- Historic Sites
Our First Olympics
A CENTURY AGO a tiny American team arrived in Athens drained from an awful journey and proposing to take on the champions of Europe with—among other handicaps —a discus thrower who had never seen a real discus
July/august 1996 | Volume 47, Issue 4
Garrett persuaded three schoolmates to accompany him —after agreeing to pay their way. His largess enabled the sprinter Francis Lane; Herbert Jamison, a middle-distance runner; and the pole vaulter Albert Tyler to carry Princeton’s black and orange colors overseas (official Olympic uniforms would not be mandated until 1906).
The Boston Athletic Association sent five representatives to Greece, in no small measure because of a facetious remark uttered by the distance runner Arthur Blake three months earlier. Congratulated on winning a 1,000-yard race, Blake joked, “Oh, I am too good for Boston. I ought to go over and run the Marathon at Athens in the Olympic Games.” A stockbroker named Arthur Burnham overheard him and offered to bankroll a BAA contingent. Blake was joined by Thomas Burke, the defending U.S. champion in the 440-yard run; the hurdler Thomas Curtis; Ellery Clark, a jumper; and the pole vaulter William Welles Hoyt.
Gardner Williams, a swimmer, and two marksmen, the brothers John and Sumner Paine, rounded out an American team that was really nothing more than a glorified pickup squad. After all, no trials had been held to determine the most qualified representatives, and only Burke was a national champion in his event.
Prospects for success in Athens were abysmal and declined from there when the star-crossed competitors began their odyssey on March 20 aboard the tramp steamer Fulda . The ship was ill equipped to carry passengers, but it was cheap. With little room to exercise, the athletes were reckoning on the benefits of two weeks’ worth of workouts in Athens prior to the start of the Olympics.
But when the Fulda docked in Naples, twelve dreary days later, on April 1, they discovered to their horror that the Games were scheduled to begin on April 6, not April 18 as they had supposed; the Greeks observed the Julian calendar, not the Gregorian. Time was running out.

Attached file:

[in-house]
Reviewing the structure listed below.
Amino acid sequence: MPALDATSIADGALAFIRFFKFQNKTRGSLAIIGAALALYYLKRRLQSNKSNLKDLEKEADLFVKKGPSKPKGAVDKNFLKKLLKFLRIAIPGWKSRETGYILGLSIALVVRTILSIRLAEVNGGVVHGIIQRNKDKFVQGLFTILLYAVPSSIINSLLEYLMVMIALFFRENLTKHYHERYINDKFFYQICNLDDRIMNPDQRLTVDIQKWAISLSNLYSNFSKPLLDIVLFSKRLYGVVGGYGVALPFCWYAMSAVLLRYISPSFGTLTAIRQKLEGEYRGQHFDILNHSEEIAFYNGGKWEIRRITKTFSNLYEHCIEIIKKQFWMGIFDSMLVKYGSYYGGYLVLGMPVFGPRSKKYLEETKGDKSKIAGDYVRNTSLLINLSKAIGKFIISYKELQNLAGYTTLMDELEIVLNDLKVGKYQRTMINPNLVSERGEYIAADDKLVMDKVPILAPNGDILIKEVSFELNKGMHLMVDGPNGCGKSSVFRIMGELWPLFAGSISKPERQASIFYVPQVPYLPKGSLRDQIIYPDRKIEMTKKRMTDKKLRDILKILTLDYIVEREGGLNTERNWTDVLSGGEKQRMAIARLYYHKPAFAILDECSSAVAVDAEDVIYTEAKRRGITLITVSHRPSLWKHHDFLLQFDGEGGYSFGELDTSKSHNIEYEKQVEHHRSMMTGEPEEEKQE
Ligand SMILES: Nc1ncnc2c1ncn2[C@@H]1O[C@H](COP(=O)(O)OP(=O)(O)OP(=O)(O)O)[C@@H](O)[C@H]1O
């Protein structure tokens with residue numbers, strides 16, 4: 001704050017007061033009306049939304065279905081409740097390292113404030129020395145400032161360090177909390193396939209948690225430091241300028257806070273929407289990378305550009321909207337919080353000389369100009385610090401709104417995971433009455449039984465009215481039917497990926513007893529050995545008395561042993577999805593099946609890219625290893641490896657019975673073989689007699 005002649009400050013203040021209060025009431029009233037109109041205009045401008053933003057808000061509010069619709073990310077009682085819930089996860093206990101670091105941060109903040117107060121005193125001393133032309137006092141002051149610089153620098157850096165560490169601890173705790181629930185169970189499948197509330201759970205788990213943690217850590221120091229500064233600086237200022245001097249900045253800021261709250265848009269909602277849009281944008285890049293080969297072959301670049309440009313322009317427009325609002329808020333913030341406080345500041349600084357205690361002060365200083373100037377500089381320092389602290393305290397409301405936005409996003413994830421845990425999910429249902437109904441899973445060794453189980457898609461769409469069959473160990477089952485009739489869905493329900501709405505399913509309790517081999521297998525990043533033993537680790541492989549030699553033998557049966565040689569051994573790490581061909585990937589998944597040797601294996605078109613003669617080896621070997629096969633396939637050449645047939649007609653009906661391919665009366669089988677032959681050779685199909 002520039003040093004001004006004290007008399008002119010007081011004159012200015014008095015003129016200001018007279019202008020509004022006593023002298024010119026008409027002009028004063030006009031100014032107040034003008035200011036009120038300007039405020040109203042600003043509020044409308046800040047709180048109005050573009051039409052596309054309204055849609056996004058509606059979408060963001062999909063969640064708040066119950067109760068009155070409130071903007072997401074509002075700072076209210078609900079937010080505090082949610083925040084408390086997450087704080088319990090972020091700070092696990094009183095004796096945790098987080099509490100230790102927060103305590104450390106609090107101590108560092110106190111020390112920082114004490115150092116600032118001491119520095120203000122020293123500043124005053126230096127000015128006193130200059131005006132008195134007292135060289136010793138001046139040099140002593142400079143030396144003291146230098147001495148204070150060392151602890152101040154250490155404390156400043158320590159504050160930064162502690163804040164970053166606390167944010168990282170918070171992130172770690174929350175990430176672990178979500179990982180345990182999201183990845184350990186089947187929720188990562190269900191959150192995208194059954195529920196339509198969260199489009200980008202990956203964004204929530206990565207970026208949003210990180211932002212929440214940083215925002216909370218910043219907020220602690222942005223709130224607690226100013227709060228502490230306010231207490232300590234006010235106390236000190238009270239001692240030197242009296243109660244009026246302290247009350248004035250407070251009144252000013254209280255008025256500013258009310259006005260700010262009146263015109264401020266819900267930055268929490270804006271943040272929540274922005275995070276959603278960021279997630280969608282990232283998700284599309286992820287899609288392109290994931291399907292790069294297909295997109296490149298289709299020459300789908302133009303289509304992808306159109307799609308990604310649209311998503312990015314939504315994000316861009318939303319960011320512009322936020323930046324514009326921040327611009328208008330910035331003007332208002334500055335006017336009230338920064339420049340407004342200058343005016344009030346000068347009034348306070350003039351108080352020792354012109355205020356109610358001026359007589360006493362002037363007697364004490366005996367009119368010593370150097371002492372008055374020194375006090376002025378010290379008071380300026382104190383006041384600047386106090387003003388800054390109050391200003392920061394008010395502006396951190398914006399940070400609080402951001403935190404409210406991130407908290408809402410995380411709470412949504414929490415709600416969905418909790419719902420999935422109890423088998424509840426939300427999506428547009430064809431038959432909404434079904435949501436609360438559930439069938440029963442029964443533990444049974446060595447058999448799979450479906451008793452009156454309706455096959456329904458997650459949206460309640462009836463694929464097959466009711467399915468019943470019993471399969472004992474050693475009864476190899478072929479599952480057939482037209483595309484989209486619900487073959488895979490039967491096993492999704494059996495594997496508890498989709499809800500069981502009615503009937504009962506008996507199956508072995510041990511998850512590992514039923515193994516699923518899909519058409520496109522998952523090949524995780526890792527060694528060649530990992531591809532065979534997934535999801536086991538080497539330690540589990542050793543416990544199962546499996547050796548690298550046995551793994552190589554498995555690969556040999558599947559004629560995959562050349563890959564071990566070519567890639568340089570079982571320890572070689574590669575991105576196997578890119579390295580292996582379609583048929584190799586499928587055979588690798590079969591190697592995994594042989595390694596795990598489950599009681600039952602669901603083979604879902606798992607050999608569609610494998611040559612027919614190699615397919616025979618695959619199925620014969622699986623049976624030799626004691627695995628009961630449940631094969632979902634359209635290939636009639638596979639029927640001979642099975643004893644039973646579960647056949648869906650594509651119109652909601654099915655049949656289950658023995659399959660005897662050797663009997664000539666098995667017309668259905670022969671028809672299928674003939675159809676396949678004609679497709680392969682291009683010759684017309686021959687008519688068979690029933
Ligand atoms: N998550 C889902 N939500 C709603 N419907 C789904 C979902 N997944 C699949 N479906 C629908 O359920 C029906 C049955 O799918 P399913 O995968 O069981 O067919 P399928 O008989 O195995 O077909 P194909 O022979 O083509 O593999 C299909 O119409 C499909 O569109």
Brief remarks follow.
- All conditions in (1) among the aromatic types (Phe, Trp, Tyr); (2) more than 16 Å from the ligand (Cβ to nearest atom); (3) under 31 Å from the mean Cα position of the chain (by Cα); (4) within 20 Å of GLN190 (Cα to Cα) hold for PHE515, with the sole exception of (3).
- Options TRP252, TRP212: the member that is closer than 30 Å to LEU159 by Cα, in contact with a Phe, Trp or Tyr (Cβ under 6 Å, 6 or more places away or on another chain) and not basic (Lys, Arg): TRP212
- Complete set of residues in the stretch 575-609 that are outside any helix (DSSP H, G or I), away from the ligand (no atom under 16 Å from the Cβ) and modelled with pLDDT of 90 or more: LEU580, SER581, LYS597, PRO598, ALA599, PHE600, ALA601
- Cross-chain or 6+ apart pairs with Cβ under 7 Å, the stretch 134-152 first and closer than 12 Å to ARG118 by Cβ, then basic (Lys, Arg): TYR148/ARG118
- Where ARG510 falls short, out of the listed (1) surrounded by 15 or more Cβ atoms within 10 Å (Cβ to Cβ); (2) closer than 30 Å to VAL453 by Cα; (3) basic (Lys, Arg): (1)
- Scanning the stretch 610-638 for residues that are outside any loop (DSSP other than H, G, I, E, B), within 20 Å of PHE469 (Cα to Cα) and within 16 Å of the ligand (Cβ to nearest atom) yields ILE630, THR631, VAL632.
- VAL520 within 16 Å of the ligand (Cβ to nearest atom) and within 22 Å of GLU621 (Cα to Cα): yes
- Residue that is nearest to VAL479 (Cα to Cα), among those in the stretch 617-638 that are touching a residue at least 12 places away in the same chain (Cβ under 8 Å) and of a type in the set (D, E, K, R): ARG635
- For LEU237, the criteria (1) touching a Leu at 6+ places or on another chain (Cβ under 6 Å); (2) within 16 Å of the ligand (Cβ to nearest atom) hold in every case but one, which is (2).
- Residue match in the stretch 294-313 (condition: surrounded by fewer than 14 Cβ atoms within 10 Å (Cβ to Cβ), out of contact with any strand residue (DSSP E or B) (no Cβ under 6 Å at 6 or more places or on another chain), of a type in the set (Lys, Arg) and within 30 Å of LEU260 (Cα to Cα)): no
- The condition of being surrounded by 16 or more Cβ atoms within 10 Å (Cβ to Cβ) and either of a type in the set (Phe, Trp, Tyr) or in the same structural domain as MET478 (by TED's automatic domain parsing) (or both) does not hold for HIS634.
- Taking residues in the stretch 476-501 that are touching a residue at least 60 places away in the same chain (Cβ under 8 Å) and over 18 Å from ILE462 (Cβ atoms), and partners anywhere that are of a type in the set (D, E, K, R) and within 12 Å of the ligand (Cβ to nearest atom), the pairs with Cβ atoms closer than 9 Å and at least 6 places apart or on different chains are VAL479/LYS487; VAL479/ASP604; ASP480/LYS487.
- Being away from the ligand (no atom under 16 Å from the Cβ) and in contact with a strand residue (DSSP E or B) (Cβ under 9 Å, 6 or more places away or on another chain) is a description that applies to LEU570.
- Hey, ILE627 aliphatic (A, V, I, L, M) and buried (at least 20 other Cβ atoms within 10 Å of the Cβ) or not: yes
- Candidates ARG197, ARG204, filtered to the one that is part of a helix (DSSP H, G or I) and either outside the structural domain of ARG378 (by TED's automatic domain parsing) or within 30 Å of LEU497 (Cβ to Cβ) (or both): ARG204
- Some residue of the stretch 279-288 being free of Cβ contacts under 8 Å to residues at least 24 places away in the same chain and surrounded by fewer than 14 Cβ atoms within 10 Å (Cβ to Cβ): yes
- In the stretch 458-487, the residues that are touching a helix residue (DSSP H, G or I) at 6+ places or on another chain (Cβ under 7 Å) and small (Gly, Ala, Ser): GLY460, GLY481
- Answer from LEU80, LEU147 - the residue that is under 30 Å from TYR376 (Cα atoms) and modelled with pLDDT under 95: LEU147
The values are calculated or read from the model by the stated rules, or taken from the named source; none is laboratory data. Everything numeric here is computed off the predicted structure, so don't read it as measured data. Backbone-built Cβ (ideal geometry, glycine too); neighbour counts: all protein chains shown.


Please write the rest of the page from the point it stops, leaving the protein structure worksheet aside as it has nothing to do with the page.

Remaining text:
After crossing Italy by train, the team sailed to Patras, a Greek port on the Ionian Sea. The weary Americans disembarked and immediately boarded a train for a ten-hour trip to Athens. They arrived on April 5 utterly dispirited.
An official reception in the capital, while hospitable, served only to deplete the team further. Curtis recalled: “We were met with a procession, with bands blaring before and behind, and were marched on foot for what seemed miles to the Hôtel de Ville. Here speech after speech was made in Greek, presumably very flattering to us, but of course entirely unintelligible. We were given large bumpers of the white-resin wine of Greece and told by our advisors that it would be a gross breach of etiquette if we did not drain these off in response to the various toasts. As soon as this ceremony was over, we were again placed at the head of a procession and marched to our hotel. I could not help feeling that so much marching, combined with several noggins of resinous wine, would tell on us in the contests the following day.”
Fortunately Curtis proved a poor prophet. Only two finals were held on the opening day, and the wrung-out, hung-over Americans won them both.
Connolly gained a landmark victory—and acclaim as the first Olympic champion since the fourth-century athlete Varastades—with a leap of 44 feet 11¾ inches in the triple jump. In a matter of hours he had completed a stunning metamorphosis from unknown to celebrity.
Connolly also received a diploma and a medal—a silver medal. Although Olympic records list gold, silver, and bronze recipients back to 1896, gold medals were not actually given champions until the 1908 London Games (for clarity’s sake, winners have been referred to throughout this article as gold medalists). Runners-up were awarded bronze medals and diplomas.
Connolly’s historic victory in the triple jump notwithstanding, the opening-day highlight was unquestionably Robert Garrett’s performance with the discus. Garrett had never even seen a real discus before his arrival in Athens— the event was still all but unknown in the United States— but “having noticed on the program the throwing of the discus, [he] decided in youthful fashion to have a try at it merely for the sake of competing in an event that belonged to antiquity....”
Unable to locate a genuine discus with which to practice at Princeton, Garrett commissioned a local blacksmith to forge one, patterned on a description he unearthed in the works of the second-century Greek writer Lucian: “A lump of brass, circular and not unlike a small shield.” The finished product weighed twenty pounds. Discouraged by his inability to throw this monster any distance at all, Garrett abandoned his plan to compete in the discus throw.